Now that the president has
signed into law the American Taxpayer Relief Act of 2012 (ATRA), it appears we
have landed on a ledge near the top of the fiscal cliff. ATRA raises the tax
rate on the nation’s highest earners while also extending many tax cuts for
individuals and businesses. Specifically, ATRA provides the following:
top marginal tax rate has been raised from 35% to 39.6% on married couples
earning more than $450,000 ($400,000 for single filers); these thresholds
have been indexed for inflation.
tax rate on capital gains and qualified dividends has increased from 15%
to 20% on those taxpayers in the 39.6% tax bracket (further increased to
23.8% with the inclusion of the Medicare surtax as described below).
2001 and 2003 tax cuts have been permanently extended for taxpayers below
the 39.6% tax bracket (meaning all marginal rates below the top rate
remain as is).
payroll and self-employment tax (which reverts to 6.2% from 4.2% at the
beginning of 2013) was not addressed by ATRA and will increase as
phaseout of personal exemptions and itemized deductions for married
couples earning above $300,000 ($250,000 for single taxpayers) has been
permanently reinstated. The phaseout will not apply to taxpayers below
Alternative Minimum Tax (AMT) was patched for 2012, and the exemption
amount has been permanently adjusted for inflation going forward.
American Opportunity Tax Credit for higher education and special relief
for families with three or more children has been extended for five years
- Many individual tax benefits have
been temporarily extended through 2013, including the tax-free
distribution from IRA accounts for charitable purposes.
Also of note, beginning in 2013,
the Patient Protection and Affordable Care Act imposes a 3.8% surtax on passive
income and an additional .9% surtax on wages and self-employment income in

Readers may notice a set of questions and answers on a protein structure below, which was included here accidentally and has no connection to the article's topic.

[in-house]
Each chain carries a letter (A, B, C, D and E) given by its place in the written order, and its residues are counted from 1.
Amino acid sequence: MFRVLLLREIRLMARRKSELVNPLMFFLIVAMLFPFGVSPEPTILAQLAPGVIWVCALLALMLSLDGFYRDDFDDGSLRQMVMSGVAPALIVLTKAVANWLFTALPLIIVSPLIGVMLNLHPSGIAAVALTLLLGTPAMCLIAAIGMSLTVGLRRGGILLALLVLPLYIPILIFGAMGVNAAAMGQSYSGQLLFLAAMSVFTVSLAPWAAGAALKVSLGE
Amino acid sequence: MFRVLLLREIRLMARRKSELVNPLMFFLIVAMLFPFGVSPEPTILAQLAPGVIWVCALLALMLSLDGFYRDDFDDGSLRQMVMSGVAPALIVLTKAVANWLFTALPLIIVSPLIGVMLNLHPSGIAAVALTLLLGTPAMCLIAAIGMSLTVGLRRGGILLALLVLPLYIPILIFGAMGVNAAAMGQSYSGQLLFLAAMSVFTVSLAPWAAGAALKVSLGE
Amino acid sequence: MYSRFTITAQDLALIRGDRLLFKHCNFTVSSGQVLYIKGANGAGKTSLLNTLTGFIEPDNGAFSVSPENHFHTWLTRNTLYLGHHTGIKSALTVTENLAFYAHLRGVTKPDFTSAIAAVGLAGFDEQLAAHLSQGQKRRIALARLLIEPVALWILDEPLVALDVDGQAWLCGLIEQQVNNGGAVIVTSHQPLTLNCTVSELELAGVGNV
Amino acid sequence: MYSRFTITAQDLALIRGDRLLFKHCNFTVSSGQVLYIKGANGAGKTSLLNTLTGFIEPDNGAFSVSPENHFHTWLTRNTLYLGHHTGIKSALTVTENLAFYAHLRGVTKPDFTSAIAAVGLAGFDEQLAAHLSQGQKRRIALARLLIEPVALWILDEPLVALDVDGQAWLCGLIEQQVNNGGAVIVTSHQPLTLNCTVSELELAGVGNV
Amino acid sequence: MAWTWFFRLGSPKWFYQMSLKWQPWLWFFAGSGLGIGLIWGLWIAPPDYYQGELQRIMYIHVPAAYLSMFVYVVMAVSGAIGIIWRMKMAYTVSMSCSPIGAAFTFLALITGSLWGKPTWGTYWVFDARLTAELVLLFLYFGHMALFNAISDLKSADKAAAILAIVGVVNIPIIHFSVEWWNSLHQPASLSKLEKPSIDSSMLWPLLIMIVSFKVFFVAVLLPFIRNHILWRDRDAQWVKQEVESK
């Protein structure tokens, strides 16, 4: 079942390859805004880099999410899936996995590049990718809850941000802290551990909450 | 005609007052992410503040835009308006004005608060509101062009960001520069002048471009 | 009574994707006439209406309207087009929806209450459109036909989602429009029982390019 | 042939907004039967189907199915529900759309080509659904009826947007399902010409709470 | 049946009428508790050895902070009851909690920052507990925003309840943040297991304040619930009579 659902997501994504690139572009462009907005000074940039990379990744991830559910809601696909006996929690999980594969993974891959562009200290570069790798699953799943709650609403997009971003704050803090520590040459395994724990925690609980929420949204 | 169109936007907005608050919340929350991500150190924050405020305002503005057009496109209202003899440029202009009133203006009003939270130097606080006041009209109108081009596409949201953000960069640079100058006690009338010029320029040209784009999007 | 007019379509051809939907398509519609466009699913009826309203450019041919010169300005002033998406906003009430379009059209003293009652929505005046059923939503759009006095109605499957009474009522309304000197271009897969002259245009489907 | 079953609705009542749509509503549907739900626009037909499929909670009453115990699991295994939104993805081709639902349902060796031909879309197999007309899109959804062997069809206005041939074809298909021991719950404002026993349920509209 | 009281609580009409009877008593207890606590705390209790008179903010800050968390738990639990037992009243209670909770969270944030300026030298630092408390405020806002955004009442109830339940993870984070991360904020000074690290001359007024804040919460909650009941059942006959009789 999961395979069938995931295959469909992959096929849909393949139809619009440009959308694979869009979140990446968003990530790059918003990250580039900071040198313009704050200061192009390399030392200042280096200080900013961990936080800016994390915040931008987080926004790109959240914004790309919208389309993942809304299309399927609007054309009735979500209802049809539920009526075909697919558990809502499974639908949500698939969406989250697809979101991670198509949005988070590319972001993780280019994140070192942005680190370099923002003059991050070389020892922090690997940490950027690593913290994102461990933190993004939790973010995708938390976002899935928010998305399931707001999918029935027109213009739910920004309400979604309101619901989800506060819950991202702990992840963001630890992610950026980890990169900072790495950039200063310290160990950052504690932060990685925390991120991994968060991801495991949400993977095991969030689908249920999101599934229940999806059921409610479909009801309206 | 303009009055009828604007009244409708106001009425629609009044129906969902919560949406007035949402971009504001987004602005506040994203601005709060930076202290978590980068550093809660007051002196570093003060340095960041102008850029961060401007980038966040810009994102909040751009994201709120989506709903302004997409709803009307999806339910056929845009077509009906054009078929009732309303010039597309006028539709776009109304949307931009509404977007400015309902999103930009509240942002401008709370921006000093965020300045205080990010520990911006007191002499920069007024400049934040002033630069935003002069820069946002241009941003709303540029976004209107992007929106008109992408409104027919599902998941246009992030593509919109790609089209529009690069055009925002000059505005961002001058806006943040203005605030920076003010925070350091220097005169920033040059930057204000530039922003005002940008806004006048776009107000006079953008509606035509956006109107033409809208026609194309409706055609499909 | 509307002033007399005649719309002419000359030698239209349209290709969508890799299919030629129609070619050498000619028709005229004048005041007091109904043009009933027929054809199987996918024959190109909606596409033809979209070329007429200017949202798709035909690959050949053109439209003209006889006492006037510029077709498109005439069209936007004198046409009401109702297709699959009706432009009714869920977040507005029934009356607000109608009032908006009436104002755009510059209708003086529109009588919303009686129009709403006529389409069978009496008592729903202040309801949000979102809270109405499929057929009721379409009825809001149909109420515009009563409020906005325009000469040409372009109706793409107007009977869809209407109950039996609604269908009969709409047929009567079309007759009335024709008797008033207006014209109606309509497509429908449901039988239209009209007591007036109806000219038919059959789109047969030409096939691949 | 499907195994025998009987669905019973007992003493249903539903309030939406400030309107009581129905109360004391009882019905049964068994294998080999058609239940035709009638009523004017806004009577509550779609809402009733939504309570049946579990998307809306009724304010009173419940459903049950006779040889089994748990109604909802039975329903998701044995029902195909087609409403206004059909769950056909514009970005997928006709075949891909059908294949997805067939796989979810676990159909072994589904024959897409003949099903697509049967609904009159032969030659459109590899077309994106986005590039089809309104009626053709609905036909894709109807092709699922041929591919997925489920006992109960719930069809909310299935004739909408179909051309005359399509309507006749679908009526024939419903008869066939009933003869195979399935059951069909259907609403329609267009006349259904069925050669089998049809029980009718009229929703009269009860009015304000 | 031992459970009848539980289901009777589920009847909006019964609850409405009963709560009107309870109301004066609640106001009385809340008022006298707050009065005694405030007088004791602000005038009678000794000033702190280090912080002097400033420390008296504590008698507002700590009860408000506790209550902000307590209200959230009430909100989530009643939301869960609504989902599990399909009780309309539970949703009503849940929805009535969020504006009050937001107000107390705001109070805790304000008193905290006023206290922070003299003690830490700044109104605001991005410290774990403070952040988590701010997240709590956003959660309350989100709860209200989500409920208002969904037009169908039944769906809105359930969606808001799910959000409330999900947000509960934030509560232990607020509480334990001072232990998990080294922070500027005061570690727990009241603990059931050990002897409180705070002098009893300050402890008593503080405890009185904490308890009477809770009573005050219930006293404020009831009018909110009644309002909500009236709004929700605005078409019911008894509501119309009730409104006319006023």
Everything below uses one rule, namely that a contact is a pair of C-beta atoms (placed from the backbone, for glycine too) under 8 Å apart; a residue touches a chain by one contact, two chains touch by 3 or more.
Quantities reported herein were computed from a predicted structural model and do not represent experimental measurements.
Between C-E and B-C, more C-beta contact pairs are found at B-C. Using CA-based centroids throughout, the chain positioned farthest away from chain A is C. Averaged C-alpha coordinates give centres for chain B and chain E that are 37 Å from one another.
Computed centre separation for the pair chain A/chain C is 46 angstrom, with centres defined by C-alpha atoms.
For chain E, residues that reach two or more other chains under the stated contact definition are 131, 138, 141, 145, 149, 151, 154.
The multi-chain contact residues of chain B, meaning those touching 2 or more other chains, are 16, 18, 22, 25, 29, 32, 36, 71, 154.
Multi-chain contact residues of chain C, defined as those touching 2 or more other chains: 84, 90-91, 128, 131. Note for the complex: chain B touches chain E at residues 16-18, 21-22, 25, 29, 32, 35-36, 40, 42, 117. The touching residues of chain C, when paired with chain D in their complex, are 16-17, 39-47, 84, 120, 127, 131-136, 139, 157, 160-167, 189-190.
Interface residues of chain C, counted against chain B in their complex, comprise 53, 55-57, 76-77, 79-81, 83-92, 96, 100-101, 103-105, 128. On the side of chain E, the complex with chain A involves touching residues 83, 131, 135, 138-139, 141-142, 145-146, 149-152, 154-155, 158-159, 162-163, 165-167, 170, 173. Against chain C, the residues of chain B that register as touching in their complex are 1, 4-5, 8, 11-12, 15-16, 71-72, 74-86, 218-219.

addition to current Social Security and Medicare taxes. The amount subject to
the 3.8% surtax is the lesser of net investment income or the excess of
modified adjusted gross income over $250,000 for taxpayers married filing
jointly ($200,000 for single filers). The .9% surtax will apply to earned
income above the same thresholds.
current estate tax exemption has been maintained at $5 million per person
and remains indexed for inflation (resulting in an exemption of $5.25
million in 2013).
gift tax and generation skipping tax exemptions remain coupled with the
estate tax exemption and are also indexed for inflation ($5.25 million in
top estate tax rate has increased from 35% to 40%.
portability of one spouse’s unused exemption to another spouse is now made
50% bonus depreciation has been extended through the end of 2013.
Section 179 asset expensing has been extended through 2013 and remains at
100 % exclusion for capital gains from qualified small business stock has
been extended through 2013.
business tax credits that expired at the end of 2011 have been extended
through 2013, including the research credit, the new markets credit, and
the work opportunity credit, among others.
We expect that further reforms to the tax code will take place
over the next six weeks, as negotiations continue over the postponed
sequestration cuts and the increase in the nation’s debt ceiling . It is
likely, however, that any further tax reform will be additional revisions or
extensions of current tax provisions, rather than wholesale tax reform. It
remains to be seen just how treacherous the next step off the ledge might be.
For more information or
questions about ATRA, the fiscal cliff, or any corporate business matter,
please contact Serge
O. Bechade, the author of this alert, or Corporate
Practice Group partner Robert
P. Maloney. You can reach Serge at 617 456 8016 or firstname.lastname@example.org, and Bob at 617 456 8008